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Friday, March 27, 2015

Payday Loans and Predatory Politicians

Banning payday loans hurts the worst off

Progressive politicians have found a ripe old target for populist demagoguing: payday lenders.

In a speech on Thursday afternoon, President Obama endorsed new proposed rules from the Consumer Financial Protection Bureau to crack down on the payday lending industry. These short-term, high-interest lenders have also recently drawn fire from comedians like Sarah Silverman and HBO’s John Oliver.

Payday lenders make for an easy punching bag. Moneylenders have always been a popular target, and laws against usury are as old as sin. These lenders serve a primarily poor clientele, usually people with very poor credit who represent a high risk for defaulting on the loan.  And the types of short-term, emergency loans they offer carry double- to triple-digit (annualized) interest rates.  

Loan sharks taking advantage of people in dire straits — what’s not to hate? But, rhetorical red meat notwithstanding, some people find themselves in situations where they need short-term, emergency cash — and are willing to pay for it.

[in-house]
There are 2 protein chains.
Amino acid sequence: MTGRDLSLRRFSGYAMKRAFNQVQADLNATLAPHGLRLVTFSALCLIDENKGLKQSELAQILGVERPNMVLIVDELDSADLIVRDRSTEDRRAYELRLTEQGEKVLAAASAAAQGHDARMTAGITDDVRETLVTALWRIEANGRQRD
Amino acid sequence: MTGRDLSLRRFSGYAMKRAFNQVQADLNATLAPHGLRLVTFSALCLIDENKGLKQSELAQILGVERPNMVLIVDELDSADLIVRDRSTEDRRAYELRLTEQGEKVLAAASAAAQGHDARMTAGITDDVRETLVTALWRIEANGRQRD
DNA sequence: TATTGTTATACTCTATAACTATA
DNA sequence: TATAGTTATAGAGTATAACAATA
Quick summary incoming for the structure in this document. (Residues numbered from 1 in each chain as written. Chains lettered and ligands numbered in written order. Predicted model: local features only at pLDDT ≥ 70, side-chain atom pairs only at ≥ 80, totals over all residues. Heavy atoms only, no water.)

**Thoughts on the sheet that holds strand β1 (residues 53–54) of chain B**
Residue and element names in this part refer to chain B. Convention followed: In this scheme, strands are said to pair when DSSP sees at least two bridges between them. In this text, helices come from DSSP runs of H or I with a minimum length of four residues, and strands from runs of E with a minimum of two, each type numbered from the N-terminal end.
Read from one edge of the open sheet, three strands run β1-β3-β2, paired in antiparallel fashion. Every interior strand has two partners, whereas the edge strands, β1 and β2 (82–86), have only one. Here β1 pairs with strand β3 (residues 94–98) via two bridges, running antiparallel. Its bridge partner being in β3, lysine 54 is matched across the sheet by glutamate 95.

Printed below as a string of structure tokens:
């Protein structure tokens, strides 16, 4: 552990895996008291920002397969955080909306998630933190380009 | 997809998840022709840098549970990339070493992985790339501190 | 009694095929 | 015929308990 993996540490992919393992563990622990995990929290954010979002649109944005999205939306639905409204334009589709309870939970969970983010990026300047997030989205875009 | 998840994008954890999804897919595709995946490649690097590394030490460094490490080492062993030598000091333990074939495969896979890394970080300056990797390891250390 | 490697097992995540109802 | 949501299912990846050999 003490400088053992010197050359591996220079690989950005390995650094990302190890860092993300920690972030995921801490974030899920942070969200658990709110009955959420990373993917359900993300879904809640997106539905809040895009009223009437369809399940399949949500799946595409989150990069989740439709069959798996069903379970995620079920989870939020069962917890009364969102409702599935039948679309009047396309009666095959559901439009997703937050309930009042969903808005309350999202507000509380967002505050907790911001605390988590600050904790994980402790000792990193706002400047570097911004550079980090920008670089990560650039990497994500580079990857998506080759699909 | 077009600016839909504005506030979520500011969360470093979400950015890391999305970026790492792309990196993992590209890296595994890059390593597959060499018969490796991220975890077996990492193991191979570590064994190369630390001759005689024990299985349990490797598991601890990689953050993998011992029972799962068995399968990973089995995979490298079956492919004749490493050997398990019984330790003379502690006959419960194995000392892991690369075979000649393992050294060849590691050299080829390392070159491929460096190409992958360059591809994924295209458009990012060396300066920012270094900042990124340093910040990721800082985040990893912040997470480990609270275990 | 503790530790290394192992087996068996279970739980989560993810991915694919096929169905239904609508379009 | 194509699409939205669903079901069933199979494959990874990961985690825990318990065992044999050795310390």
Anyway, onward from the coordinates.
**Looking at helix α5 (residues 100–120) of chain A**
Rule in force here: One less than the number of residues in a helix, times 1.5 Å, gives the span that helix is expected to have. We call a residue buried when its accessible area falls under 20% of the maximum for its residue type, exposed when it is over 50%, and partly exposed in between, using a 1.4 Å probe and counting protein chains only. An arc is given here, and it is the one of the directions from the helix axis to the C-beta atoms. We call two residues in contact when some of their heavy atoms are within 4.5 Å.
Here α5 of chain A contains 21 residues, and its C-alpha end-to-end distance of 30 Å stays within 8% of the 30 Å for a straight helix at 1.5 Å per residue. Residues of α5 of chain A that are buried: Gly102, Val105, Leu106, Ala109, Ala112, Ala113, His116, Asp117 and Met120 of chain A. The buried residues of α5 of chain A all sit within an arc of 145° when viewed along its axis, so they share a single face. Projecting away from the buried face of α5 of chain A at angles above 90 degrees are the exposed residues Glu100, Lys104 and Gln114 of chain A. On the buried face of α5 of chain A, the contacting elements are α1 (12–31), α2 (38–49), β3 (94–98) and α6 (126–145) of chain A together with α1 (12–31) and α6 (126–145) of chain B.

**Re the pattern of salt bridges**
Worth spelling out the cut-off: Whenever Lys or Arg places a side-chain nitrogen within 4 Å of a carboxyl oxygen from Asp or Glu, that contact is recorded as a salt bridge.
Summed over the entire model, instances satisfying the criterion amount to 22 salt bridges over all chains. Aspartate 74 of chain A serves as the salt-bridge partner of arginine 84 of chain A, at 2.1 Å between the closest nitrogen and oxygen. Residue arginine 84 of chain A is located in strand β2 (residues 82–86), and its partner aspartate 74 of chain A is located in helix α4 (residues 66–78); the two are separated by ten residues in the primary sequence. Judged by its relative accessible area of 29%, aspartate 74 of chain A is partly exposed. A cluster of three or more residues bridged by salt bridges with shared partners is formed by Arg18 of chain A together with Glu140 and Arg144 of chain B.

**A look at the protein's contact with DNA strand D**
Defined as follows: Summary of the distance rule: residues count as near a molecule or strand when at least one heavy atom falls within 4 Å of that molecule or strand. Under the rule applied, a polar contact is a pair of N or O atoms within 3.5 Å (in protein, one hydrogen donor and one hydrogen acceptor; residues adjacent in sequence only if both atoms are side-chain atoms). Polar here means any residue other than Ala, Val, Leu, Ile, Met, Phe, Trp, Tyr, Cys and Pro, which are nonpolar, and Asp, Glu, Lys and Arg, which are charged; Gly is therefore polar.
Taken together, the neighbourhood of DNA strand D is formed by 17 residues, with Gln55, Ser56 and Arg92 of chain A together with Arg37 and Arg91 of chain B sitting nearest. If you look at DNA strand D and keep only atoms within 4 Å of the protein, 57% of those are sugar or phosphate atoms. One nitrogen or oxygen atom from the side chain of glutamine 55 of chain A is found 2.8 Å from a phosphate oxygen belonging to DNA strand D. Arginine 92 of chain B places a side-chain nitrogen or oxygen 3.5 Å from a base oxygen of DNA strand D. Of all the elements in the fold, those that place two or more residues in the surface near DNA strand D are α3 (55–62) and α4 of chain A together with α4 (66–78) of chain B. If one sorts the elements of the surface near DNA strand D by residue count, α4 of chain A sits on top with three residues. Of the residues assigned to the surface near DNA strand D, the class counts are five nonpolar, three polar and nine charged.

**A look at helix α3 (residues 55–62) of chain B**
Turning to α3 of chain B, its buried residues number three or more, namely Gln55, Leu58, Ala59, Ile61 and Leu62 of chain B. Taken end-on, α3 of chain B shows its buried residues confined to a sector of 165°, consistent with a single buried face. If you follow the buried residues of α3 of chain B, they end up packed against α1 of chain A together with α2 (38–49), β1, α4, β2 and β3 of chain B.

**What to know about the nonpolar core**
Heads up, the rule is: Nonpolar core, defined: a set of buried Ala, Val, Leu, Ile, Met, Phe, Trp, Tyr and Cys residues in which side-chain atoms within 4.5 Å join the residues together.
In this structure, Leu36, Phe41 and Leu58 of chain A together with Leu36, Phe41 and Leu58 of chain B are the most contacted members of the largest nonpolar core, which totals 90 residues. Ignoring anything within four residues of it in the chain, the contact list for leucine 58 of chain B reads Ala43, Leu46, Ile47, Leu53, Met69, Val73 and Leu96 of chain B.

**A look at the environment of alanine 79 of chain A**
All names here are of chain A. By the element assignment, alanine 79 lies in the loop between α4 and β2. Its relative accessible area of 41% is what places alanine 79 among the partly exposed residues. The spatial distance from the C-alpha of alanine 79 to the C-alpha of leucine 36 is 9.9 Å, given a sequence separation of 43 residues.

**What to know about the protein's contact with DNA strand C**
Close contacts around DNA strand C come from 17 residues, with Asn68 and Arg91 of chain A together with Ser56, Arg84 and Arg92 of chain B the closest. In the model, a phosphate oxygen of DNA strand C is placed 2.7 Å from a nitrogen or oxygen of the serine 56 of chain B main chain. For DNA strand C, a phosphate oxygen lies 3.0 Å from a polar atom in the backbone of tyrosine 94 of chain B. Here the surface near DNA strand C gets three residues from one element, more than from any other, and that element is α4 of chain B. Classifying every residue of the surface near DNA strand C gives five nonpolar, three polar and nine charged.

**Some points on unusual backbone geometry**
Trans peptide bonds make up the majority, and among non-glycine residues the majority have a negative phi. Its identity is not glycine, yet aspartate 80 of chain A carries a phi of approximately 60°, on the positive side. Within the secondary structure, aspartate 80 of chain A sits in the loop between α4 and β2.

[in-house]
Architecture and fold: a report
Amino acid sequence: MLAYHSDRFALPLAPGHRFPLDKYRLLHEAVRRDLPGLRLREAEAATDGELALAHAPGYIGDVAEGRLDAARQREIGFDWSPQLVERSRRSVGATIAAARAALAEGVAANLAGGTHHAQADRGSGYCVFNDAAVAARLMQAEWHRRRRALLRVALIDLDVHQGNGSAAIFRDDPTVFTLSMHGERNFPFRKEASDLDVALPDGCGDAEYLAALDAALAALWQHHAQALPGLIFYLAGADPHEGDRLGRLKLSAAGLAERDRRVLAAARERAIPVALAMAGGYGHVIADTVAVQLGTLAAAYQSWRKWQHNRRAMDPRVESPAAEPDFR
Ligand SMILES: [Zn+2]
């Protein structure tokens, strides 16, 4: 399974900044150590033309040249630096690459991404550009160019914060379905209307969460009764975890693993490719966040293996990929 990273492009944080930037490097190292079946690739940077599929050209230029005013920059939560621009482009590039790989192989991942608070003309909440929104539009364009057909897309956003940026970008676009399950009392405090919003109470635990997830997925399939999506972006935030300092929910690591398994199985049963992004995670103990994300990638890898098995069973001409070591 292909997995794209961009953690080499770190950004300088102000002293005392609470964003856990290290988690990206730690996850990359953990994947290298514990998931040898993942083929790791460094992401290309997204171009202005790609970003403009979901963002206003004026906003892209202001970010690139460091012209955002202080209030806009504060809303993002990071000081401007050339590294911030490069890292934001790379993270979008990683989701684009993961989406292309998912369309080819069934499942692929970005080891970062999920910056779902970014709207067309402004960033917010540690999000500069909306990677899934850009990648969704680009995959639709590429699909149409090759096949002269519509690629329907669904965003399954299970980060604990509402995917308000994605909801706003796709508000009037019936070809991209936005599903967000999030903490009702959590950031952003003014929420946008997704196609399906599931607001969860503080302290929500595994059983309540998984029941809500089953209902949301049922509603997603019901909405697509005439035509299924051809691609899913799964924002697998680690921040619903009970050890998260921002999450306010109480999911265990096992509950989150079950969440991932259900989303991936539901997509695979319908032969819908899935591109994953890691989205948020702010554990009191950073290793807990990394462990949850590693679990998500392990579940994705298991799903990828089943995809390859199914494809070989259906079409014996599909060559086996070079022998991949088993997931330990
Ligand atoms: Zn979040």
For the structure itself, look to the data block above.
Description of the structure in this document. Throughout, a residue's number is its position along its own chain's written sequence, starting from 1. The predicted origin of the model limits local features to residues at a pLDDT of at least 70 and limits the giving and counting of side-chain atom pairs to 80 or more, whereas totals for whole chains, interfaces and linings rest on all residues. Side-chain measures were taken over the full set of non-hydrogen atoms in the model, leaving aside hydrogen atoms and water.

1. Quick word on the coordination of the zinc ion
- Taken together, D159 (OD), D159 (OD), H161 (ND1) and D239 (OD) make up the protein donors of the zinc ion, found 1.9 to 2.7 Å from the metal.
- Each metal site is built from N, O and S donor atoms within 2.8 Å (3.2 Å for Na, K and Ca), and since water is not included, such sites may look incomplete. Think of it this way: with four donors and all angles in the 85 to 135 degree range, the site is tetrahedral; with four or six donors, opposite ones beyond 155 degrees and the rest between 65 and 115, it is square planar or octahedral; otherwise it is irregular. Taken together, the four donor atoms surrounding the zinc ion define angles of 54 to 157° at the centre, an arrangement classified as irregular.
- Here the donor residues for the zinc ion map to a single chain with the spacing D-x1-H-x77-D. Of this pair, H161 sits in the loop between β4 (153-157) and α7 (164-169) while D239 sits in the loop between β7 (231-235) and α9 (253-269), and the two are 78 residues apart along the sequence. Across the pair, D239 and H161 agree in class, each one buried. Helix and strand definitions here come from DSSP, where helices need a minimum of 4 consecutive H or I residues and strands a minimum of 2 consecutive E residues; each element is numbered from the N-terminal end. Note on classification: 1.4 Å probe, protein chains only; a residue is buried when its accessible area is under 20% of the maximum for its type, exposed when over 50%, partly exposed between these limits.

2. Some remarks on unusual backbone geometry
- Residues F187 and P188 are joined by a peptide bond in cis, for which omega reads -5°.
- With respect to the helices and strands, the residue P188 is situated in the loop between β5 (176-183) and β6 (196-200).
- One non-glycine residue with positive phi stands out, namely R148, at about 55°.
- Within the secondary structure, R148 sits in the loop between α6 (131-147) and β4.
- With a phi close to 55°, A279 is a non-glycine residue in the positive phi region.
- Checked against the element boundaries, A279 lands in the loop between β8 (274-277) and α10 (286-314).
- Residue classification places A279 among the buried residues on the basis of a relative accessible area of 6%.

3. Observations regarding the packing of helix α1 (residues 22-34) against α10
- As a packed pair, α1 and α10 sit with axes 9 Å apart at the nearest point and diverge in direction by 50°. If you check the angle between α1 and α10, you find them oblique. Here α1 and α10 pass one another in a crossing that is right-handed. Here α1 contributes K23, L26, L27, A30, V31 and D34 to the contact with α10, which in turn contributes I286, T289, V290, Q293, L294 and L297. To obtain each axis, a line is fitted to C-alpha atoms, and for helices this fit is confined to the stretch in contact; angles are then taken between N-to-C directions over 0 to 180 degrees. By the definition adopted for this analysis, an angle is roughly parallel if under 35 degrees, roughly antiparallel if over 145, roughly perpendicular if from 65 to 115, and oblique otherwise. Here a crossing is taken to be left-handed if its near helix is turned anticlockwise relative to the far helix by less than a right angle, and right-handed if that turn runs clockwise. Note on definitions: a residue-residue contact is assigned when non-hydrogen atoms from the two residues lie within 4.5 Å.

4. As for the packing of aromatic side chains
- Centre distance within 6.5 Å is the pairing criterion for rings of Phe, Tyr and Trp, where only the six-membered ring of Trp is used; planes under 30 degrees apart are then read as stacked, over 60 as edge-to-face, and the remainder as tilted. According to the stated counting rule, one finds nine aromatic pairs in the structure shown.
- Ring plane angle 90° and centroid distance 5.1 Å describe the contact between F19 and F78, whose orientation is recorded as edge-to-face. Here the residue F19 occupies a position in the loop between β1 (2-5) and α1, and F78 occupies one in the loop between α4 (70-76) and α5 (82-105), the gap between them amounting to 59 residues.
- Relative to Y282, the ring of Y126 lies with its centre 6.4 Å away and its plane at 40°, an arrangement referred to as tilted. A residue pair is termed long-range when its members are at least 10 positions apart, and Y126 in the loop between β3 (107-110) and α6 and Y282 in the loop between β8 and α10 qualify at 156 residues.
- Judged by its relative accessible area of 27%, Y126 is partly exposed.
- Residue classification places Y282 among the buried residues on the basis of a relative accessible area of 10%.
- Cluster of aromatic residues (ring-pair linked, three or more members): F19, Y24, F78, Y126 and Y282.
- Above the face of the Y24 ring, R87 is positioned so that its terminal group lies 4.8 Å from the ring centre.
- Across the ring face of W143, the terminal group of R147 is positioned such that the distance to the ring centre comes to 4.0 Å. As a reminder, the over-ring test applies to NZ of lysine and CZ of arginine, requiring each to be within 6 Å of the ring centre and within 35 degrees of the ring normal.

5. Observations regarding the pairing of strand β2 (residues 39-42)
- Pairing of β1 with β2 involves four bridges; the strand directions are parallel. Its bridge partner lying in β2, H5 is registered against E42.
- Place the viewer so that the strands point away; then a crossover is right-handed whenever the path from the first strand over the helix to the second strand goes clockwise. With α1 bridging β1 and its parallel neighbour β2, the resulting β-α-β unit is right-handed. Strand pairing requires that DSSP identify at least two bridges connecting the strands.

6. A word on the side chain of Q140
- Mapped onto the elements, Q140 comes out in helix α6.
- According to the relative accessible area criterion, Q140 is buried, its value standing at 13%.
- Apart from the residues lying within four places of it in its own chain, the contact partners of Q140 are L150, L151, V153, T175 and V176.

Populist politicians argue that they’re trying to “protect” poor people from “predatory” lenders. But what they’re really doing is taking away the last recourse — from the already severely limited options — for poor people in urgent financial need.

Before seeking to regulate payday lenders into submission — or oblivion — it’s important to ask: what’s the alternative?

As high as the interest rates of these loans can be, compare them to the compounding cost of bank overdraft fees.  The average fee is about $30 per overdraft transaction.  The cost of those overdraft transactions can add up pretty quickly, all while plunging that person’s bank account balance further into the red.  

It won’t take long at all for the cost of the bank fees to eclipse even the cost of a 30-day loan at a supposedly outrageous 400% APR (which comes out to just a little bit more than 1% interest for each day of the loan).   

Of course it would be better if people never needed a loan like this, and if everyone had the credit necessary to get a loan at a more reasonable rate of interest. But, for some people, it’s a far better option to have the short-term cash they need and pay the interest cost than it is to pay hundreds of dollars in fees to the bank while still not having any money for life’s needs.

The president, like most politicians, says he wants to help the poor.  I don’t doubt that he does.  But taking options away from the least well-off people, who already have the fewest options available to them, is hardly compassionate or helpful.

Banning payday lenders won’t abolish the realities that their customers are facing — poor credit and the inability to make ends meet — but it will make them harder to manage, removing one stop on the train to eviction, bankruptcy, or default. Banning usury may feel good, but it sure won’t do good.